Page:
Sen. Tom Cotton (R-AR) is reportedly the Trump administration's pick to head the Central Intelligence Agency as part of a potential shake-up that would send CIA Director Mike Pompeo to the U.S. Department of State to replace Rex Tillerson.
Cotton, a U.S. Army veteran who currently sits on the Senate Armed Services Committee, could be tasked with overseeing the CIA's massive global intelligence gathering operations as part of the ongoing war on terror. He also once expressed a sincere belief that the controversial waterboarding technique is not a form of torture.
“Waterboarding isn't torture,” Cotton argued in a November 2016 appearance on CNN's “The Situation Room.” “We do waterboarding on our own soldiers in the military.”
After anchor Wolf Blitzer interjected to point out that the U.S. no longer uses waterboarding as an interrogation technique, Cotton continued his defense:
"If experienced intelligence officials come to the president of the United States and say we think this terrorist has critical information and we need to obtain it and this is the only way we can obtain it — it's a tough call.
But the presidency is a tough job. And if you're not ready to make those tough calls, you shouldn't seek the office. Donald Trump's a pretty tough guy, and he's ready to make those tough calls."
Cotton's remarks came almost two years after a damning report from the Senate Intelligence Committee found that waterboarding, as an interrogation technique, utterly failed.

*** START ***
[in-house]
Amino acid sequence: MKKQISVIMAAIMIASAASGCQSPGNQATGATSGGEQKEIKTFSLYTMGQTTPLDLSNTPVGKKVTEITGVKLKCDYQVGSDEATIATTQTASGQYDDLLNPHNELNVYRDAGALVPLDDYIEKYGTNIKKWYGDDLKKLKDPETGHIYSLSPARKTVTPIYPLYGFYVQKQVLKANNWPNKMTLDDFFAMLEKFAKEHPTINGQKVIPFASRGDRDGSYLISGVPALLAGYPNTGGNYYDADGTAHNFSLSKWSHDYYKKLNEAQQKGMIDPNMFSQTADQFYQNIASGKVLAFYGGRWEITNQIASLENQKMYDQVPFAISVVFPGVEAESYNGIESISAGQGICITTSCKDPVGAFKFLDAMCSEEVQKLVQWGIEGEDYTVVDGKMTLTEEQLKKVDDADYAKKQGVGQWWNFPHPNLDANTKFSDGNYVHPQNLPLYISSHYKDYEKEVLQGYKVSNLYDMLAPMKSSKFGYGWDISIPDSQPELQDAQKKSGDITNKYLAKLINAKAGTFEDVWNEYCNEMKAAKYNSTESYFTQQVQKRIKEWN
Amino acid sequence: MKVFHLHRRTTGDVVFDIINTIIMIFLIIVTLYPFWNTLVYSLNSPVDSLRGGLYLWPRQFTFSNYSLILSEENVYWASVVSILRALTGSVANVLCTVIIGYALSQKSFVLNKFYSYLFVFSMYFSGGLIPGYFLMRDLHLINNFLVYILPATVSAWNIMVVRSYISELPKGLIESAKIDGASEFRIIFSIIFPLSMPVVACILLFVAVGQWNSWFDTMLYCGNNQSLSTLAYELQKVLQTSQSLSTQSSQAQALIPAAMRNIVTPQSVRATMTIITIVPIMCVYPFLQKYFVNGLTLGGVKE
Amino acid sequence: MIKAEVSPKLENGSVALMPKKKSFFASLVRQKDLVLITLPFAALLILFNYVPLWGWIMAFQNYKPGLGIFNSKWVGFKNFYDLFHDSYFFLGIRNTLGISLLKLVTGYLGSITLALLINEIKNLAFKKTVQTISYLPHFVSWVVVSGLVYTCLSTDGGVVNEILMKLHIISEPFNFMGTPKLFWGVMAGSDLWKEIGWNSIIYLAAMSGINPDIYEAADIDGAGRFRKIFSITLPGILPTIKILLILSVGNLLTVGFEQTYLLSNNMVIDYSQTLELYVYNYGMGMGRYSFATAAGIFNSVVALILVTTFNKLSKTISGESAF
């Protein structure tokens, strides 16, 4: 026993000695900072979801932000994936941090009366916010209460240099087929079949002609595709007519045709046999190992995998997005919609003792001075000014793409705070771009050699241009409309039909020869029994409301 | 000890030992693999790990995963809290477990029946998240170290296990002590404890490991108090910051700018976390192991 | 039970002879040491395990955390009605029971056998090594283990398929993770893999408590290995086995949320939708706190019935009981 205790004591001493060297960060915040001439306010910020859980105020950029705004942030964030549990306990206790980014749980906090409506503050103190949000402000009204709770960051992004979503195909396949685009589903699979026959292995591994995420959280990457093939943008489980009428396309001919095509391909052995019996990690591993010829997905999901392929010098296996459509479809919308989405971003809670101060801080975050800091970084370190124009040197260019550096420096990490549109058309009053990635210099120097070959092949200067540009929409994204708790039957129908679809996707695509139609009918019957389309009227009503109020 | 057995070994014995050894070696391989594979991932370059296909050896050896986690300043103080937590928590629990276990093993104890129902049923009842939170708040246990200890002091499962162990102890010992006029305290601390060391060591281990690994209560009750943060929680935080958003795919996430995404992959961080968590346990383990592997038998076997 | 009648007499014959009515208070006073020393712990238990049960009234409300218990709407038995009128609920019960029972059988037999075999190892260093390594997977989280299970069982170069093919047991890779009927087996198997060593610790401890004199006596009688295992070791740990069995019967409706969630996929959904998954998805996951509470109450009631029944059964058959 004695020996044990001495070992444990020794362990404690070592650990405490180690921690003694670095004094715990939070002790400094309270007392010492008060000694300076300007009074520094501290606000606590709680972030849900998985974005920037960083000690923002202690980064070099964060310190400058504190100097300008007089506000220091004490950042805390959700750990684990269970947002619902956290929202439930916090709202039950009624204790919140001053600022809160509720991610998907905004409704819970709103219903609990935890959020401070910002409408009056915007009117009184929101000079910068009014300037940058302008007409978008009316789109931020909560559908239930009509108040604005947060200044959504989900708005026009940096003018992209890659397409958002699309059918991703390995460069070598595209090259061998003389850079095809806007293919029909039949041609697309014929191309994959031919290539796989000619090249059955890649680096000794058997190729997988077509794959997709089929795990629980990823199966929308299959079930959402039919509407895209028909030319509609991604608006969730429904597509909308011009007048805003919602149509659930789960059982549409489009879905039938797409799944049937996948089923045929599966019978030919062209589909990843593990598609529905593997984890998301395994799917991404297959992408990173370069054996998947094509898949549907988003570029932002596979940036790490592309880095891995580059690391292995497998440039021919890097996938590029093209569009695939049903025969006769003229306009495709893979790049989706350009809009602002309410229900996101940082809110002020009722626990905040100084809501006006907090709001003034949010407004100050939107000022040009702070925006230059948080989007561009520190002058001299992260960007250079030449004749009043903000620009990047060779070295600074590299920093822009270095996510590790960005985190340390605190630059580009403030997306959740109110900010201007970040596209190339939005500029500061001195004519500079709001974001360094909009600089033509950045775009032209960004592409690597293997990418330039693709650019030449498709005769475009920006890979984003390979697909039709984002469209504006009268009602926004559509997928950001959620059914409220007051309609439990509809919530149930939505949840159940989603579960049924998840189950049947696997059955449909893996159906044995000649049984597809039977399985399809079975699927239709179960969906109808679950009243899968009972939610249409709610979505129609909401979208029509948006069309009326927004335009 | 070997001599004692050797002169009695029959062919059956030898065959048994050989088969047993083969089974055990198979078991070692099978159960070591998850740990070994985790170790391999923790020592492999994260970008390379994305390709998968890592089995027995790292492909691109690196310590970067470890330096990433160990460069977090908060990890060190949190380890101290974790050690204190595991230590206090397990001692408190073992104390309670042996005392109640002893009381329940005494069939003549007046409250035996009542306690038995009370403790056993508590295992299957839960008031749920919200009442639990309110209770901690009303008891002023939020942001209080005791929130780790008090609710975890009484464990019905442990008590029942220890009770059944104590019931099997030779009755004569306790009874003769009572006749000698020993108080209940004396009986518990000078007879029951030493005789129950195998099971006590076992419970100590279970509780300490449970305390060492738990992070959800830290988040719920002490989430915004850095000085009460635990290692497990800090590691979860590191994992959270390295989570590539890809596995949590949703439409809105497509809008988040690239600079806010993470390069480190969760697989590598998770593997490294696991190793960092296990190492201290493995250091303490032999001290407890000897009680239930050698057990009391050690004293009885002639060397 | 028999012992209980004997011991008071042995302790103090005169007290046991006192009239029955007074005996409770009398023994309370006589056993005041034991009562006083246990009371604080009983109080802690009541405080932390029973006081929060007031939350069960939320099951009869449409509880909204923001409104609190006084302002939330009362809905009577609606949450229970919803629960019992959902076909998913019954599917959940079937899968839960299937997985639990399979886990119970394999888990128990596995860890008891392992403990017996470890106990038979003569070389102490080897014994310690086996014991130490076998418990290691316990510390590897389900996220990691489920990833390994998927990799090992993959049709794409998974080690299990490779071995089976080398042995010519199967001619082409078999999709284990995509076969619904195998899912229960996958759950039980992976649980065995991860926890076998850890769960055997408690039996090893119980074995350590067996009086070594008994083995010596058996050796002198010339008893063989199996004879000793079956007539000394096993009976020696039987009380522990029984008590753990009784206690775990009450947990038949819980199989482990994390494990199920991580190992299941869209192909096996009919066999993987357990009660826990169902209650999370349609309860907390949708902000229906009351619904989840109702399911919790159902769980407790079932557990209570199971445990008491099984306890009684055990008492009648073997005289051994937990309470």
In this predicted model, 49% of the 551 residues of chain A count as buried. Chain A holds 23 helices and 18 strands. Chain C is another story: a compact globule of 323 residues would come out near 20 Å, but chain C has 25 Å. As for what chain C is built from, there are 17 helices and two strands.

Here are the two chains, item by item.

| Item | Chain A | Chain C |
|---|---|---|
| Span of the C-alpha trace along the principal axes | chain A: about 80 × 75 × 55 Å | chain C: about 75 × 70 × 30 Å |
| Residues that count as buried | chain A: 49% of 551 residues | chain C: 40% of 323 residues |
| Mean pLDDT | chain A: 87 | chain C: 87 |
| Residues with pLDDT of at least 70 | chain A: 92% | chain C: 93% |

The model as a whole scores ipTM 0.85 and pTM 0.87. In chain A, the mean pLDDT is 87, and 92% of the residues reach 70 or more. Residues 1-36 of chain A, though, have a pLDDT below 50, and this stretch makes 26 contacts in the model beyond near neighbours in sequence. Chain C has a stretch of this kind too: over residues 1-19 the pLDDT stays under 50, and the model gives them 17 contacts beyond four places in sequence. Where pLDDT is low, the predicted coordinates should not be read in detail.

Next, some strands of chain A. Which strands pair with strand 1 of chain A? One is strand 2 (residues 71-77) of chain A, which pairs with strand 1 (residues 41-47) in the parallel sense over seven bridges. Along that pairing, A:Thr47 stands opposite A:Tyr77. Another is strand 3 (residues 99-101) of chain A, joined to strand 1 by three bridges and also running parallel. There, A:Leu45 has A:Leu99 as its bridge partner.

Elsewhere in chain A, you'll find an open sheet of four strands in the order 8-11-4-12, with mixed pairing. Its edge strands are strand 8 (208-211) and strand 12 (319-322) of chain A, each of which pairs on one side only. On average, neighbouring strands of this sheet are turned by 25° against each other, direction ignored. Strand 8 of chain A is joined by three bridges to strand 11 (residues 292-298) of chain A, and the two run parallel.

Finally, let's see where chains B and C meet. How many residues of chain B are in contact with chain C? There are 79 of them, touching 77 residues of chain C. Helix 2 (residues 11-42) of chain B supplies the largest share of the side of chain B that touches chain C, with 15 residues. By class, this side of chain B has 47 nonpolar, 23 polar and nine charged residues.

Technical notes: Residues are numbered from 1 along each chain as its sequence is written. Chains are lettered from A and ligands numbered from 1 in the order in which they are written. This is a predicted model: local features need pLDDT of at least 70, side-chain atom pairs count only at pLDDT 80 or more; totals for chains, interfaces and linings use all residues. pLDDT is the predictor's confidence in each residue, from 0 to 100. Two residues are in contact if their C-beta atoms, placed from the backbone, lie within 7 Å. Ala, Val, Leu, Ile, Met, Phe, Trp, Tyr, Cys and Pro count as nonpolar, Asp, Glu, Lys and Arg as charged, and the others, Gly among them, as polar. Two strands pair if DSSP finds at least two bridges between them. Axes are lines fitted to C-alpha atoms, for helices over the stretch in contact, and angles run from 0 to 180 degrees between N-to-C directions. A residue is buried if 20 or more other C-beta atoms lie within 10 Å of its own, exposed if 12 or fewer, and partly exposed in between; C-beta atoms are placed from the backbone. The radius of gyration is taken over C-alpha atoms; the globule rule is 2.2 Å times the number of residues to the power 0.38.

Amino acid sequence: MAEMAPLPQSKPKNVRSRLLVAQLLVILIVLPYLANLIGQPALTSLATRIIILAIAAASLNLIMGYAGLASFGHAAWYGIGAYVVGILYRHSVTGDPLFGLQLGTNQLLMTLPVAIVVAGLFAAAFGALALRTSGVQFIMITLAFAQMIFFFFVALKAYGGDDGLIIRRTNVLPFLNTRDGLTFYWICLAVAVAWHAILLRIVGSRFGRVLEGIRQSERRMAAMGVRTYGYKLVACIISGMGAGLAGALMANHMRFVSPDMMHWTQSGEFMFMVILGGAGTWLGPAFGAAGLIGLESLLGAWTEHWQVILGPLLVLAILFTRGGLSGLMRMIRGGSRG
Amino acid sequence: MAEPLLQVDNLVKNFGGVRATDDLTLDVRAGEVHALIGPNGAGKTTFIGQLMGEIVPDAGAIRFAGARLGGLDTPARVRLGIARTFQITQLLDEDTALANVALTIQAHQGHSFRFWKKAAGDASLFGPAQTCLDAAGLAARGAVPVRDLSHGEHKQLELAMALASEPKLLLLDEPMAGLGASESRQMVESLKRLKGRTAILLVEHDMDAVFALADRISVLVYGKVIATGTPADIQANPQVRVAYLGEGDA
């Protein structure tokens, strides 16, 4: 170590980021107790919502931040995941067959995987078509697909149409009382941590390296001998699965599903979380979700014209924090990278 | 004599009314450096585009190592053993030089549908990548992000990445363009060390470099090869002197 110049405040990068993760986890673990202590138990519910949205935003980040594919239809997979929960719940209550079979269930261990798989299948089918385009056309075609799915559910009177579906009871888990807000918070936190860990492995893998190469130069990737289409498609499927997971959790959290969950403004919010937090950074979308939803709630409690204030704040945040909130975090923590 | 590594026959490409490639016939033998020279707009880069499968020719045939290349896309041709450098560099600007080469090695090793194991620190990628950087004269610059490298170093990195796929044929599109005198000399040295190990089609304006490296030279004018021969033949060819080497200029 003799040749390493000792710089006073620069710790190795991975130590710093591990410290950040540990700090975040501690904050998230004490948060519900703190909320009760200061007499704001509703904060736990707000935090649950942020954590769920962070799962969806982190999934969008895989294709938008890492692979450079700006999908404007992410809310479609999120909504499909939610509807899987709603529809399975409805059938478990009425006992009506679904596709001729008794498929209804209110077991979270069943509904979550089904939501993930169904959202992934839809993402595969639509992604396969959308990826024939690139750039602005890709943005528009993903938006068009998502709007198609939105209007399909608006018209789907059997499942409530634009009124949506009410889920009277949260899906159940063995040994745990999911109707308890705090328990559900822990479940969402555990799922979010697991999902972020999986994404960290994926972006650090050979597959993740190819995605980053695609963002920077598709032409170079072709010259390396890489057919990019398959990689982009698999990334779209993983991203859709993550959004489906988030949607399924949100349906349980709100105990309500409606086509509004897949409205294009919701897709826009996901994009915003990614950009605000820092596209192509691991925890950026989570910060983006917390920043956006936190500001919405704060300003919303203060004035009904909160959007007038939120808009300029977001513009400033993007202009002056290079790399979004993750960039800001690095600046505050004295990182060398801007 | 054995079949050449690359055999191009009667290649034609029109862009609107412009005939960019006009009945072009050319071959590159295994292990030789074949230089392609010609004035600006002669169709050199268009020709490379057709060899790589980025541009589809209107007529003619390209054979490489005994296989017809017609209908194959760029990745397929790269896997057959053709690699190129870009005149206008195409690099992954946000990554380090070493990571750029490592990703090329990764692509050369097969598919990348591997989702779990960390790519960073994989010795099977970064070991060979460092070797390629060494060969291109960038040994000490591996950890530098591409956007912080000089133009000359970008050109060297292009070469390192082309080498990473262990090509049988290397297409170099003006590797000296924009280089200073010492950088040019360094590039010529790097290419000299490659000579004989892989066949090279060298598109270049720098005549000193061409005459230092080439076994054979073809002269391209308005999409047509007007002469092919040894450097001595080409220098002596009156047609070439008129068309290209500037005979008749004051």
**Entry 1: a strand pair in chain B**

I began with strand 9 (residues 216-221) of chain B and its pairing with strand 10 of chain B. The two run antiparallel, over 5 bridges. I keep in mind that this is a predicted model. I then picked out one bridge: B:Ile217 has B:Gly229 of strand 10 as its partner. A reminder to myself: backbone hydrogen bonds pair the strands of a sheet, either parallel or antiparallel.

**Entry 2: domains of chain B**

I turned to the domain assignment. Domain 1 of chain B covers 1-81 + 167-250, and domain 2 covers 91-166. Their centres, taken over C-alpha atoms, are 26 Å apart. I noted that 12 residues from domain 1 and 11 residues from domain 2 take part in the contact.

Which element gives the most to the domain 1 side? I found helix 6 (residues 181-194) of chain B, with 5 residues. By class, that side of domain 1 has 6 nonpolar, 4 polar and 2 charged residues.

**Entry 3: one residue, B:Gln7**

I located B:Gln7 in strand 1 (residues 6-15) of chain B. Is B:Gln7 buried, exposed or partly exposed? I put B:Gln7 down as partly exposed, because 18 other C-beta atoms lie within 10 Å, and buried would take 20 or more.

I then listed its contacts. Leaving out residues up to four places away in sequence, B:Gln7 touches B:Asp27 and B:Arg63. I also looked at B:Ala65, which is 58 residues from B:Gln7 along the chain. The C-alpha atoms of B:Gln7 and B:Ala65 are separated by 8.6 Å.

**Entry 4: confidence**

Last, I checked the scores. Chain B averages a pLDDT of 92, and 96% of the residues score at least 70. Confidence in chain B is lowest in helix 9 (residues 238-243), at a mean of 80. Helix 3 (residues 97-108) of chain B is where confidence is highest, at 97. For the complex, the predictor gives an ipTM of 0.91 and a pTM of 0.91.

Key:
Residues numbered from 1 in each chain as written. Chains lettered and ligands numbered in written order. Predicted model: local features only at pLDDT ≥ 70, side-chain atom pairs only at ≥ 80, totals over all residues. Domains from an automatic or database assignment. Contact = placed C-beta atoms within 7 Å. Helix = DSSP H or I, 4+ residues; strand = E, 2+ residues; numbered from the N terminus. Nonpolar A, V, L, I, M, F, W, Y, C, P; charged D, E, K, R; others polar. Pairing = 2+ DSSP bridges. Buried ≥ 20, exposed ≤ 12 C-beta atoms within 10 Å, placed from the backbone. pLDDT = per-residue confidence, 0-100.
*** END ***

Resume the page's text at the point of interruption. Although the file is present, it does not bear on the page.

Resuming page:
The report concluded that detainees either did not provide information or simply fabricated it to avoid further “interrogation.”
“The Committee finds, based on a review of CIA interrogation records, that the use of the CIA's enhanced interrogation techniques was not an effective means of obtaining accurate information or gaining detainee cooperation,” the executive summary reads.
Blitzer pressed Cotton on his stance and highlighted the opposition to the technique from Sen. John McCain (R-AZ), a former prisoner of war. But that didn't stop Cotton from defending the discredited torture technique.
“On this one, I disagree,” Cotton answered. “Anything that American troops volunteer for, and radio DJs volunteer for, is not torture. If it has to be done to save American lives, that's a tough call.”
Following the election of President Donald Trump, McCain restated his opposition to the technique.
“I don't give a damn what the president of the United States wants to do or anybody else wants to do,” he said at the Halifax International Security Forum. “We will not waterboard. We will not do it.”
You can watch the full video of Tom Cotton defending the discredited interrogation technique below.